Learning to code wasn’t enough as the job market crashes

11 January 2024

Coding with words? Should someone have done a Literature degree…? Screenshot from OpenAI website, via Vice.

• The software engineer job market is slumping badly.
• “Learn to code” advice overtaken by generative AI.
• Which safe sector will feel the floor ripped out from under it next?

The software engineer job market has hit a wall.

Only six percent of people in the market are confident they’d be able to get another job with the same pay. Historically, studying to become a software engineer was pretty much a pass to job security, a sure bet in an ever-changing job market – why is that no longer the case?

At one time, entry-level Google software engineers reportedly earned almost $200,000 a year plus benefits. High demand for engineers meant jobs were never in short supply.

That’s all beginning to change amidst growing competition for software jobs. Partly due to an industry-wide downturn and the growing threat of AI, a once saturated job market is now anything but.

The software engineer job market is much less secure in the age of generative AI.

The software engineer job market is much less secure in the age of generative AI.

The state of the software engineer job market

Speaking to Motherboard, unemployed software engineer Joe Forzano said “the amount of competition is insane.” Since losing his job in March, he’s applied to over 250 jobs; “it has been very, very rough.”

According to a December survey of 9,338 software engineers carried out by Blind, an online anonymous platform for verified employees, almost nine in ten software engineers said it’s harder to get a job now than pre-pandemic. 66% say it’s “much harder.”

Even over the last year, just under 80% of respondents said the job market has gotten even more competitive. Of the respondents, only 6% felt that were they to lose their current jobs they’d be rehired at the same rate of pay.

It may come as a surprise to some the widespread drop in hiring across the tech industry hadn’t already hit the software engineer job market. Over 2022 and 2023, more than 400,000 layoffs as companies feeling the end of the pandemic boom batten down the hatches and operate on the barest possible bones.

Until now, staff in non-technical fields felt the brunt of job cuts. The Wall Street Journal reported that while tech companies cut their recruiting teams by 50%, only 10% of engineering departments were sacked.

The job prospects were so much better as an engineer in the tech sector, that as others began to worry about the security of their roles, “learn to code” became a mocking rejoinder; if you can do something useful, you’ll always be needed.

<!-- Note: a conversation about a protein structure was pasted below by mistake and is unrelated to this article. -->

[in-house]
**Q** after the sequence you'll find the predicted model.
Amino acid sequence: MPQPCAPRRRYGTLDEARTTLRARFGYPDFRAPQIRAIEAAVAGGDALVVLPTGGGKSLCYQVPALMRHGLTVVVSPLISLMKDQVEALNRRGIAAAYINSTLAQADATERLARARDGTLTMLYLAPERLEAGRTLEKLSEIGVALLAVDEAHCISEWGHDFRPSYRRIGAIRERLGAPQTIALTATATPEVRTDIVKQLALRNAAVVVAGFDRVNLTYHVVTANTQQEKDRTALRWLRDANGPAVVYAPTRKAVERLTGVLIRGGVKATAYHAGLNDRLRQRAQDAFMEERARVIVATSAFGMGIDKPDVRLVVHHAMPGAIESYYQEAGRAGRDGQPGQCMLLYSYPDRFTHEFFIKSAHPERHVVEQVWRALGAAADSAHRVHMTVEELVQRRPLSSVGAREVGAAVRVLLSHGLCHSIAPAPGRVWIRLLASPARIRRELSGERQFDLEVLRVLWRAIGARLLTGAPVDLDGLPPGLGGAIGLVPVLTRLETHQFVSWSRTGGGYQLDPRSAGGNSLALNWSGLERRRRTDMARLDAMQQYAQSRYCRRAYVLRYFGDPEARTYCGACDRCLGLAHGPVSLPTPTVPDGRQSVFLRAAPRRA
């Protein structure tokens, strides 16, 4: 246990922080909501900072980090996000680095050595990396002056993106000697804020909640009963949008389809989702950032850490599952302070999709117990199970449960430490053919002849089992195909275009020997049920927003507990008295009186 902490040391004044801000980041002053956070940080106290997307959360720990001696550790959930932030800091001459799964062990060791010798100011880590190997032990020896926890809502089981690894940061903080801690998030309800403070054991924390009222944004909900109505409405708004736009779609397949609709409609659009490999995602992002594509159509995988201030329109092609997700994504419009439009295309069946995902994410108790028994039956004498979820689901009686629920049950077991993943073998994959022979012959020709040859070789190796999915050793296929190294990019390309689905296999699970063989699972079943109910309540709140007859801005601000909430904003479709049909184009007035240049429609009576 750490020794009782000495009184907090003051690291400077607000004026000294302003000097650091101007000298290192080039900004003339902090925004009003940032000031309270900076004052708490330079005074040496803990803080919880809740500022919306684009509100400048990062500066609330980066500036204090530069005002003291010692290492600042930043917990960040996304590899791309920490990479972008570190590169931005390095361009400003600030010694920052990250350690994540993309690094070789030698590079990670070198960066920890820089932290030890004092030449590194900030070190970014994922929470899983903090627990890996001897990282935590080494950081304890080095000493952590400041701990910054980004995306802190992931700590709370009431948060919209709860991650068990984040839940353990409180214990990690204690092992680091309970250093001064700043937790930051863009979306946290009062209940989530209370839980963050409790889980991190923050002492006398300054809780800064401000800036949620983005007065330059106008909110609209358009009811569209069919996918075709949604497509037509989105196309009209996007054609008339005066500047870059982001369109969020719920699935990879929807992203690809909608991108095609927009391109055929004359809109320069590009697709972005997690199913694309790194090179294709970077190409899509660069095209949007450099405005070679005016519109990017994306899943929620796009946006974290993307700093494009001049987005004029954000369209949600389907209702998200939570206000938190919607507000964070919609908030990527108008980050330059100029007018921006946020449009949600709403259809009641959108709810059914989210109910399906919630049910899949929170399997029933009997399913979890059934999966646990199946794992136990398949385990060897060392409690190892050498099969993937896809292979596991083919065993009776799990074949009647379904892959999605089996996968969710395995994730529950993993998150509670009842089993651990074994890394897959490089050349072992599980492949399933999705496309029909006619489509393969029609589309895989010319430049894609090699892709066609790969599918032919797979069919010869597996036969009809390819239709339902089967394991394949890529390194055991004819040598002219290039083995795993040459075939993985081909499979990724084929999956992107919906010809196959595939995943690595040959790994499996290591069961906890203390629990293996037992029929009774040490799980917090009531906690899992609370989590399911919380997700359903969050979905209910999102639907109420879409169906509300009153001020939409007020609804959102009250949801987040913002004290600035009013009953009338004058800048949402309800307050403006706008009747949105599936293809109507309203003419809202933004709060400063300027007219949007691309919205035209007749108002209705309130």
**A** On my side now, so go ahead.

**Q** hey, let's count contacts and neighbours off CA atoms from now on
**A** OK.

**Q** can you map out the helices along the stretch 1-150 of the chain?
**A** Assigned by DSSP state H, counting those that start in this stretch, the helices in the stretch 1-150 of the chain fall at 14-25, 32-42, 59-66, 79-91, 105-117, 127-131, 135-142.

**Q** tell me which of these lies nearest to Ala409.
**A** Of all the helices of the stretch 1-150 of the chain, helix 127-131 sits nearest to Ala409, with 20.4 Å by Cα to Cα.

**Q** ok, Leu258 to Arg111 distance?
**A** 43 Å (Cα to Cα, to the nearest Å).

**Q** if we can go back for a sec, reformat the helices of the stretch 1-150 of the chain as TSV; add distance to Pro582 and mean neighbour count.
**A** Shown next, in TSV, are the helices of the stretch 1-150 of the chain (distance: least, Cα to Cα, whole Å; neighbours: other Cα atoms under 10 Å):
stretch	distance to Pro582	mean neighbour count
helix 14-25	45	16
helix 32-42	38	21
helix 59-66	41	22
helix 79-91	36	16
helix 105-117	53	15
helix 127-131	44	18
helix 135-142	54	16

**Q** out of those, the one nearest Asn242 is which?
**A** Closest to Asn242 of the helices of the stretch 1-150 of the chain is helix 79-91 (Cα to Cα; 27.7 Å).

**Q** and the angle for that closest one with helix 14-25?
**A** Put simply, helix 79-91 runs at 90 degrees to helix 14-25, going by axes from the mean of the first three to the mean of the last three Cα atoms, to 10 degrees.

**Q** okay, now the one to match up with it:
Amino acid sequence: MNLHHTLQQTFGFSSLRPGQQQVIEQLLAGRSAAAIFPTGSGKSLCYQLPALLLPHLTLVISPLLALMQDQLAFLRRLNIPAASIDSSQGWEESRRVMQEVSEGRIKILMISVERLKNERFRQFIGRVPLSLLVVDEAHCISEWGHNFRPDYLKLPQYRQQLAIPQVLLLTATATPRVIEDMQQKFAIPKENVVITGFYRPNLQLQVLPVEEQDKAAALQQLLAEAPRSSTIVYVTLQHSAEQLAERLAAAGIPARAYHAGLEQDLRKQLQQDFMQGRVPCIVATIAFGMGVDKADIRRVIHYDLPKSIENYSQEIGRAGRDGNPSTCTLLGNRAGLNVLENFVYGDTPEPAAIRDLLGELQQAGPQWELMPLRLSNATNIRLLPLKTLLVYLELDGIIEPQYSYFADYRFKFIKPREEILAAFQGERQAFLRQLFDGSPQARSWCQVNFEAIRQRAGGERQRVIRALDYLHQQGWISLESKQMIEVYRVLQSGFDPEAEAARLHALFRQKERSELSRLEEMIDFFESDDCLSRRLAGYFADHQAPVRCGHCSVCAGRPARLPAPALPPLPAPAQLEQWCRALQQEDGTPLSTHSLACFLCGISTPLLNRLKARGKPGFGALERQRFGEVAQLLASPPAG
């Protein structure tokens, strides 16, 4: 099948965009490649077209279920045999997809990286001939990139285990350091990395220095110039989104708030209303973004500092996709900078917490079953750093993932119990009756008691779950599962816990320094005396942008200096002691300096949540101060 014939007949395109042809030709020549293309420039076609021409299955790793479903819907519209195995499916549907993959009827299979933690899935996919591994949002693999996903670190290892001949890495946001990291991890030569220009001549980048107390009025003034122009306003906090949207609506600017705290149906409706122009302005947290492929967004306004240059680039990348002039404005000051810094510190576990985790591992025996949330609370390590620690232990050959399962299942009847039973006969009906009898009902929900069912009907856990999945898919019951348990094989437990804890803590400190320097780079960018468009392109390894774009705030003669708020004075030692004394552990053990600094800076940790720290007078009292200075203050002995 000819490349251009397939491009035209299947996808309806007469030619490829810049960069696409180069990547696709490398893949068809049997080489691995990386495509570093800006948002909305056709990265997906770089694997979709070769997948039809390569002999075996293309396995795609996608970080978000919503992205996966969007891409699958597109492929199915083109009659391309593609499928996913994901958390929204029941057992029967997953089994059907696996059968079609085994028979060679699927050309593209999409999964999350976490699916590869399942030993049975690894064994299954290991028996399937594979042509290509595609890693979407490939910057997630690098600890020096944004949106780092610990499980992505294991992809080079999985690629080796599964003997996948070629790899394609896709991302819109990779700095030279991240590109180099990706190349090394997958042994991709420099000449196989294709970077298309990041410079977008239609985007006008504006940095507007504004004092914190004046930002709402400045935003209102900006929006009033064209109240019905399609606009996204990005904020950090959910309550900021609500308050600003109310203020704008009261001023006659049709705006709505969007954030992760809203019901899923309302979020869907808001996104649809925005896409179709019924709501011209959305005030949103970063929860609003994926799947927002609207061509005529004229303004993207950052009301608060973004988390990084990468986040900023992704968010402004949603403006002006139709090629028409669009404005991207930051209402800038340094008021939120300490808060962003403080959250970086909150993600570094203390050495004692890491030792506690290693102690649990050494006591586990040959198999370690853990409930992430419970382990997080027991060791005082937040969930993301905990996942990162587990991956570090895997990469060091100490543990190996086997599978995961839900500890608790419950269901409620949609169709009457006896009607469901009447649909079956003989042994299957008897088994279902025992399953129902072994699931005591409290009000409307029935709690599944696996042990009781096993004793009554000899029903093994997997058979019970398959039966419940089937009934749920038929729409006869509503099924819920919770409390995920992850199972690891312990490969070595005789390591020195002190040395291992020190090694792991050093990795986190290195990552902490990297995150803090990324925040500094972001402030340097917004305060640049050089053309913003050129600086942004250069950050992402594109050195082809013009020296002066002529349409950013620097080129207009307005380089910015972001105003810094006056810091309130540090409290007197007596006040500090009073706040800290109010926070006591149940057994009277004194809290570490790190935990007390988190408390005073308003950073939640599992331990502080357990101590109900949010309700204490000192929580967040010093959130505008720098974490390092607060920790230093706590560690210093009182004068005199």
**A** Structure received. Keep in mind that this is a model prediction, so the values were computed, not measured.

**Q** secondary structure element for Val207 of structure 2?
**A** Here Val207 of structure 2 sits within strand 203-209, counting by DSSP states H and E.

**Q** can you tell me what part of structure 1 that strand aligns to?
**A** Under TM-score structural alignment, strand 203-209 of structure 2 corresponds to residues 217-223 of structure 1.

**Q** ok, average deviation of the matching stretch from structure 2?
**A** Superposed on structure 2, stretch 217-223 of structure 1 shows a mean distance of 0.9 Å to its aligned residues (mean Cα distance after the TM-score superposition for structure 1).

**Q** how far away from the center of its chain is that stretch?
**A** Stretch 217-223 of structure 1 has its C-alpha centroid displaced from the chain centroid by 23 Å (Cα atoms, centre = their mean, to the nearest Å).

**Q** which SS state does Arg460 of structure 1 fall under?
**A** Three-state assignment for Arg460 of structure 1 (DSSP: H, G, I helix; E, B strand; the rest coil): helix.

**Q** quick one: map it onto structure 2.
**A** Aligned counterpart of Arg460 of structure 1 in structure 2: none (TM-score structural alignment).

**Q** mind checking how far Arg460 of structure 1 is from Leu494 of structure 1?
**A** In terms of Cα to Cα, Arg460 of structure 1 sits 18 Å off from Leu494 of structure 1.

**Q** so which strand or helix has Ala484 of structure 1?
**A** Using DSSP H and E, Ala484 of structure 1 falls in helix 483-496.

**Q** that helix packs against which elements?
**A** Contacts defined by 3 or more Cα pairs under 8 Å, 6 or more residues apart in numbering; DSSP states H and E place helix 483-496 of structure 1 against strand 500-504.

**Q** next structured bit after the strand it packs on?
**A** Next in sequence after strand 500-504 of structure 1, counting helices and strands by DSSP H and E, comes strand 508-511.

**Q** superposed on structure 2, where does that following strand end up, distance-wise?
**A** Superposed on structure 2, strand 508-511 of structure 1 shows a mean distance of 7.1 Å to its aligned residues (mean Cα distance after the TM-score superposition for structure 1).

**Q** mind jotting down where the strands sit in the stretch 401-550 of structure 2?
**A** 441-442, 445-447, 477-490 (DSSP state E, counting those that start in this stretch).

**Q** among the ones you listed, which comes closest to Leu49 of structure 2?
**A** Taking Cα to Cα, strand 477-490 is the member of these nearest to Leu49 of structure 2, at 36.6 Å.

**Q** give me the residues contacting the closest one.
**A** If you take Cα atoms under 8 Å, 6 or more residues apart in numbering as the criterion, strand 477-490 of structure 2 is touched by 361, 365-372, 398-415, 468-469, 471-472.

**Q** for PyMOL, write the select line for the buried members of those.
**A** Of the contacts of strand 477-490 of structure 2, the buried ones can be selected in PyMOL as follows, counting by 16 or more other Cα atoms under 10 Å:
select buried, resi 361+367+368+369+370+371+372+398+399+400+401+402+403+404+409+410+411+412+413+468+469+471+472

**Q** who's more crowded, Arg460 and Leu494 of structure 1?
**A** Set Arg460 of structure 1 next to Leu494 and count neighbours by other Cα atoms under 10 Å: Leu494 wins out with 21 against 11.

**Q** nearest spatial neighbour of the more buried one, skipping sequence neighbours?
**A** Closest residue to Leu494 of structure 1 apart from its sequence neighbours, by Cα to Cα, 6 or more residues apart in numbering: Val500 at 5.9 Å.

Bloomberg writes that at Salesforce, engineers were four times less likely to lose their jobs than those in marketing and sales – a trend evident at Dell and Zoom, too.

A computer science degree will set you back quite significantly – for Forzano, it landed him in $180,000 debt. He, like countless others, considered this small fry: “the whole concept was [that] it was a good investment to have that ‘Ivy League degree’ in an engineering field.”

Making back the money would be no problem.

Except that post-pandemic “it’s a completely different landscape.” Forzano tells Motherboard that looking back, his decision to major in computer science was “very naïve.”

The unstoppable specter of AI

Alongside sector-wide cutbacks, the entrance of AI has had repercussions for the software engineer job market. In fact, one of the first waves of generative AI programs to take off were ones that allow users to write code using natural language or auto-complete code.

Last year, Google CEO Sundar Pichai said AI-powered coding tools had sped up the time it took workers to complete code by six percent. An article in the Atlantic, “So Much for ‘Learn to Code,” made the claim in September that computer science is no longer the safe major.

Perhaps slightly ego-driven, in December software engineers didn’t express much concern about their own jobs being made redundant by AI: only 28% said they were concerned. Beyond themselves, though, more than 60% of those surveyed said they thought their company would hire fewer people because of AI.

It’s impossible not to find a touch of schadenfreude that the self-congratulatory ‘you should’ve been clever, like me, and learned to code’ crowd are feeling the uncertainty that both humanities students and their colleagues in the tech industry have faced, but obviously any human losing to AI is a big no.

The irony isn’t lost on we journalists, though. After all, how long will it be until roles like “writer” are taken over by robots and AI?